petrichor the last snap of her jump rope
The Day Everything Changes
Bundled in blankets on a morning already hot, our mother lays you down in the bassinet, your red hair a surprise. Your tininess. She looks worried that I am even in the room, but father promised me a peek at my new brother before we leave for the hospital. I have scarlet fever and will spend the next two weeks away. I don’t know about the yellow sign yet, already on the door, that says Do not enter—scarlet fever. I am seven and do not understand the word quarantined means summer in an attic bedroom. Without visitors. Without seeing you.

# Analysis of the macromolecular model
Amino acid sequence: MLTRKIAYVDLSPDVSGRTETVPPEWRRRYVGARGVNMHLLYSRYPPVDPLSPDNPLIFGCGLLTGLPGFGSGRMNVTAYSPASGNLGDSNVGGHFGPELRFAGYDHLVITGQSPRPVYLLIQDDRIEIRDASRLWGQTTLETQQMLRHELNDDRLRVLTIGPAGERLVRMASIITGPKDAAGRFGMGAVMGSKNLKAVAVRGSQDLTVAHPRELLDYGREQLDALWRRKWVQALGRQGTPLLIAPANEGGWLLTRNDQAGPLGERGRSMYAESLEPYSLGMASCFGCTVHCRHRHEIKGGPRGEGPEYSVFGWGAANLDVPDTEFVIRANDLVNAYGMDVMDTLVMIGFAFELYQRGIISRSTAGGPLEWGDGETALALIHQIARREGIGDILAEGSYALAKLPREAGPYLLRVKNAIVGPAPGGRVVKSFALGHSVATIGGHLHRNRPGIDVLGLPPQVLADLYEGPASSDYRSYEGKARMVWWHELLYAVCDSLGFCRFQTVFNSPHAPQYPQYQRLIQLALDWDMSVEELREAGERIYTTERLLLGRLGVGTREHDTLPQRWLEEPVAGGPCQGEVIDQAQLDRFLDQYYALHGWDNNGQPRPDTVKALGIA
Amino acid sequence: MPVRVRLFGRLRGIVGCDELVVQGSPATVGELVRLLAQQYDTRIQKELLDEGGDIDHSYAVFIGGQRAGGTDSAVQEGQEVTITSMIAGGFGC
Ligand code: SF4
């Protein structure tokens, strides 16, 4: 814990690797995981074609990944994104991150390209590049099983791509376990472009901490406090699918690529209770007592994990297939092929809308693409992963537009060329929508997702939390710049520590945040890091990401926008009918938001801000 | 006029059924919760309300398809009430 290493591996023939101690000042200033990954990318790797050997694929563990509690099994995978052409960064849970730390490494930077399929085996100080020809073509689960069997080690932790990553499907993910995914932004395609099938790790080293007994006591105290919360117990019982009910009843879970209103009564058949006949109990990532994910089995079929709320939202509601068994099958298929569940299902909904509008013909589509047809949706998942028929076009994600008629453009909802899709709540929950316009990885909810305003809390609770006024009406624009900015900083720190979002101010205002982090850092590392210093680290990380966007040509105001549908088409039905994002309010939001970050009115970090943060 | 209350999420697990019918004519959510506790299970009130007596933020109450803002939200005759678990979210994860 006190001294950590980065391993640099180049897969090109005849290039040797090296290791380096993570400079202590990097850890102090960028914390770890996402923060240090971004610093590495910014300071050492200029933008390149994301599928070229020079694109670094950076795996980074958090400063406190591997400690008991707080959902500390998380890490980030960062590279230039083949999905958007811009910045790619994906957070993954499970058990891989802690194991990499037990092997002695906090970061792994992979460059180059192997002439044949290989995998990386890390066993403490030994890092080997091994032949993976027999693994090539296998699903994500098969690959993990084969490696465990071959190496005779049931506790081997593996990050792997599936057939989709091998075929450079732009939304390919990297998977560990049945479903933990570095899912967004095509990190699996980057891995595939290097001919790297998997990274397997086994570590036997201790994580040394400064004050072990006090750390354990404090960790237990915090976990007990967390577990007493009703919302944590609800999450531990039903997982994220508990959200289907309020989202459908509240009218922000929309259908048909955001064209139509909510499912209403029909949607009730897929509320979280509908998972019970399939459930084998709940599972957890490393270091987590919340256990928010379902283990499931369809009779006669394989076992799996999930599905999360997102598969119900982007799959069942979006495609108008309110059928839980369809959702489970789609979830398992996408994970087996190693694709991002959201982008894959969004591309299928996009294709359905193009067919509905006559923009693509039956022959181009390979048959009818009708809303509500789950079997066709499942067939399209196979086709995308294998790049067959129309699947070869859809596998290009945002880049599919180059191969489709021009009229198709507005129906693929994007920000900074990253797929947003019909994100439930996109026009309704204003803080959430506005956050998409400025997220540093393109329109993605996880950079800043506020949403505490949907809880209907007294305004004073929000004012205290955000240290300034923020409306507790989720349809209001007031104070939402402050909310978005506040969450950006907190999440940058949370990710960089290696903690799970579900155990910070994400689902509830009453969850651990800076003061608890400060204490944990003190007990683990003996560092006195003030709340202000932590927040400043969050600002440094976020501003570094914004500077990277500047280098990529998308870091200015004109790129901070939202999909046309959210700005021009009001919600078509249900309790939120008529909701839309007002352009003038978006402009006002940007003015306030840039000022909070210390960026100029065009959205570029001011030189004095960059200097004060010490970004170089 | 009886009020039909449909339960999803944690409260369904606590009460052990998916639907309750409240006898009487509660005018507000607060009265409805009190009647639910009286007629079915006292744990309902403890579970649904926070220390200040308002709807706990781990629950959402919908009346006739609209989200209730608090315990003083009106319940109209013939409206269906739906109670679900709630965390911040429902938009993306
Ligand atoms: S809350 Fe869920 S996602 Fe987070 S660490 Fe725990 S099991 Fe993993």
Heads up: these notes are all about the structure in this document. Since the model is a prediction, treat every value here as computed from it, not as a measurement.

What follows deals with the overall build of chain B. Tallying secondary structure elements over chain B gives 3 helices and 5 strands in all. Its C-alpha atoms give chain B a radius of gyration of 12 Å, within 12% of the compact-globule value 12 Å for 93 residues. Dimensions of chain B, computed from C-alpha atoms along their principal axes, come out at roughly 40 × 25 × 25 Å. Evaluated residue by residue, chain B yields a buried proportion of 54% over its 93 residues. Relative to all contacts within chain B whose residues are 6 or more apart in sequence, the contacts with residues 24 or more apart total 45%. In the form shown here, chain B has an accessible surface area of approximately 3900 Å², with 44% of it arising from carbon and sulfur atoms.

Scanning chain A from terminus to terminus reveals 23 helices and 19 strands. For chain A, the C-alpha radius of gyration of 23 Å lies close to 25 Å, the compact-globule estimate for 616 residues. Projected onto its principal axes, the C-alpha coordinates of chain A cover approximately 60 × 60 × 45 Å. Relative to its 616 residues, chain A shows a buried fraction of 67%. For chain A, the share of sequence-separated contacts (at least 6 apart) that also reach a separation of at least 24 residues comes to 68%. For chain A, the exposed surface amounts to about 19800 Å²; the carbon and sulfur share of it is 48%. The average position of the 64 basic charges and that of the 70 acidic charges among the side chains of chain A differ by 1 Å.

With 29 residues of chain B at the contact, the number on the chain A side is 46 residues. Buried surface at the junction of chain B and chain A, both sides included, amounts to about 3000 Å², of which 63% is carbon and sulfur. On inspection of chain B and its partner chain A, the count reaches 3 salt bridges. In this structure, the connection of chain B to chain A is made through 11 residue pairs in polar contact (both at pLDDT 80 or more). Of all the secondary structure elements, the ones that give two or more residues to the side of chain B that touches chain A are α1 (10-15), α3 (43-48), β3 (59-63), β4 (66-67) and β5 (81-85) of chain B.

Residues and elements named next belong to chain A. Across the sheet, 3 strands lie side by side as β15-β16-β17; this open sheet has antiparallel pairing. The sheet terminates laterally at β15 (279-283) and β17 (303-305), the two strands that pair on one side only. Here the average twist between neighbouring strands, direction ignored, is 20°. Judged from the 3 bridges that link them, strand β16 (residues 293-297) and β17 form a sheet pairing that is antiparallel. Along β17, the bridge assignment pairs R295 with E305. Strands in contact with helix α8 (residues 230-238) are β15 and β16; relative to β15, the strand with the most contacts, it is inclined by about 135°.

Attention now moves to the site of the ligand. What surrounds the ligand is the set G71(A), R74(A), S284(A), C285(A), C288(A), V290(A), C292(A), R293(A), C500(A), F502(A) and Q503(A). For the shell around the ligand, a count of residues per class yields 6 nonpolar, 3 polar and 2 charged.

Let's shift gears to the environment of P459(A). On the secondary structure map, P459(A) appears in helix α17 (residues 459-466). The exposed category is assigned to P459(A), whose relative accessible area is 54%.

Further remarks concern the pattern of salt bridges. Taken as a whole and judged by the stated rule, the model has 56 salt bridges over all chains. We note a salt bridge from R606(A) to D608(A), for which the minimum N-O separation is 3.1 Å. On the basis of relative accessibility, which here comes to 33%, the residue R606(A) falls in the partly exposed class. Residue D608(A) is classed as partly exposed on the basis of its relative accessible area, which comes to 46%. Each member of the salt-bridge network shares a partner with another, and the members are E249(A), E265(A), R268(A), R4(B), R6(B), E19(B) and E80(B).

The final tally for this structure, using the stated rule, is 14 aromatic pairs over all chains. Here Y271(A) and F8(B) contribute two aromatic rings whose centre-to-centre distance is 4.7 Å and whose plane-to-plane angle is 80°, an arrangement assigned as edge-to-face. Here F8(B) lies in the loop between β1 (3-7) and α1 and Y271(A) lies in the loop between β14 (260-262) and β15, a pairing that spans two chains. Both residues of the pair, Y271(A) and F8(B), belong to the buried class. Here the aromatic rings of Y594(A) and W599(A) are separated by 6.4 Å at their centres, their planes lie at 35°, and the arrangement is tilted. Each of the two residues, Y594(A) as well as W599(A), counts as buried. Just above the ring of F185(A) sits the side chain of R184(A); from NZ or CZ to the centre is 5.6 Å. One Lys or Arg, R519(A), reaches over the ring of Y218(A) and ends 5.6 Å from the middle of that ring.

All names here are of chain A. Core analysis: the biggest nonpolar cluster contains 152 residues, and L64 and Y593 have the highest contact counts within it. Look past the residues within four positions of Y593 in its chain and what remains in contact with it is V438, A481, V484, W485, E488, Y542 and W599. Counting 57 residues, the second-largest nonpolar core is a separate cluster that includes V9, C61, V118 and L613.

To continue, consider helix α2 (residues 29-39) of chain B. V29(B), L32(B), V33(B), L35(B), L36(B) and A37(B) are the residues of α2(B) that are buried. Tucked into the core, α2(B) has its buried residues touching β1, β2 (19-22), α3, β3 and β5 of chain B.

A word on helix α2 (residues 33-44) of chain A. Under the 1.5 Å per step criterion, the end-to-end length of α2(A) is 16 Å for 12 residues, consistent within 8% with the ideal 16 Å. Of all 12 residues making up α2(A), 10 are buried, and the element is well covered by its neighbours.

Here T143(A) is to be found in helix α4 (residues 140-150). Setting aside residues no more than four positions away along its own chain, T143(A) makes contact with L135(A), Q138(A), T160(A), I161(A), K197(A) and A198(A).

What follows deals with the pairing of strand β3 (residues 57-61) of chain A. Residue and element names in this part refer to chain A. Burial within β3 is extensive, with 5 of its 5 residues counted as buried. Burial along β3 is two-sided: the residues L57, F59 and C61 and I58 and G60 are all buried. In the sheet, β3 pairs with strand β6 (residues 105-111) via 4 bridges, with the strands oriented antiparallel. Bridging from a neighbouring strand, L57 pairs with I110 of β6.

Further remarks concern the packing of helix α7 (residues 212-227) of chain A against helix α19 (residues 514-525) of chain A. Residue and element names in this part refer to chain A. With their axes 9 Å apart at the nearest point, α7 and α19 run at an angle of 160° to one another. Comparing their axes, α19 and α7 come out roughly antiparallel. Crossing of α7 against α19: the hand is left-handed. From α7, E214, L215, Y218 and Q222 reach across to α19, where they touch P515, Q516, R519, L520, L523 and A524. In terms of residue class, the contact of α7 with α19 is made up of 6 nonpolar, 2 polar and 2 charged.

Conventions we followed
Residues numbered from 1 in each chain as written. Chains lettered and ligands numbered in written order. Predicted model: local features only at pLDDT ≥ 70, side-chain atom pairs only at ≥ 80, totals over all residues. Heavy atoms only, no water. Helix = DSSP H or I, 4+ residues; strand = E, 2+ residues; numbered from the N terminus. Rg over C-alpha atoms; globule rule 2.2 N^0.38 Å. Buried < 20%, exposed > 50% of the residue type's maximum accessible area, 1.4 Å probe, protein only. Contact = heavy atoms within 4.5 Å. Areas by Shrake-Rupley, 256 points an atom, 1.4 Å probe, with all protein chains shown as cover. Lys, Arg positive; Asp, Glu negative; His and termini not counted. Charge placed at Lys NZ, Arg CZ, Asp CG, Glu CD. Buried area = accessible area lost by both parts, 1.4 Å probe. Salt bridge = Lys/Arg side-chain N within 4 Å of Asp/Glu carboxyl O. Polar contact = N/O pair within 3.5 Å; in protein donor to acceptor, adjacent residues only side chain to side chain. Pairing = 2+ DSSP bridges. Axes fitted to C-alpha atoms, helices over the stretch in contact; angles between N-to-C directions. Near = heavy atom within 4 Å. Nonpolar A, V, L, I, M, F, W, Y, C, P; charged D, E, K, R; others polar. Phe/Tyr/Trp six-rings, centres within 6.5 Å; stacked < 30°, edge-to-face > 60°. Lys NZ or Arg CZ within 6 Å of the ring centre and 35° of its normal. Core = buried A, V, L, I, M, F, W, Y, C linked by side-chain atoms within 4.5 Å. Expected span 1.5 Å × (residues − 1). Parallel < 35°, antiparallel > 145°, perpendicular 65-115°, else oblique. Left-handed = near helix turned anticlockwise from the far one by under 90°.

I hear you cry.
When our mother slides my meal tray under the door, she usually talks to me for a while. She tells me your hair is still red, that you smile when our mother smiles. She tells me you sleep with your tiny hands curled into fists. When I ask why you cry so much, she explains that crying is the only way a baby says, I’m hungry. I need to be changed. Something hurts.
from the burn barrel
an ember smolders . . .
no one sees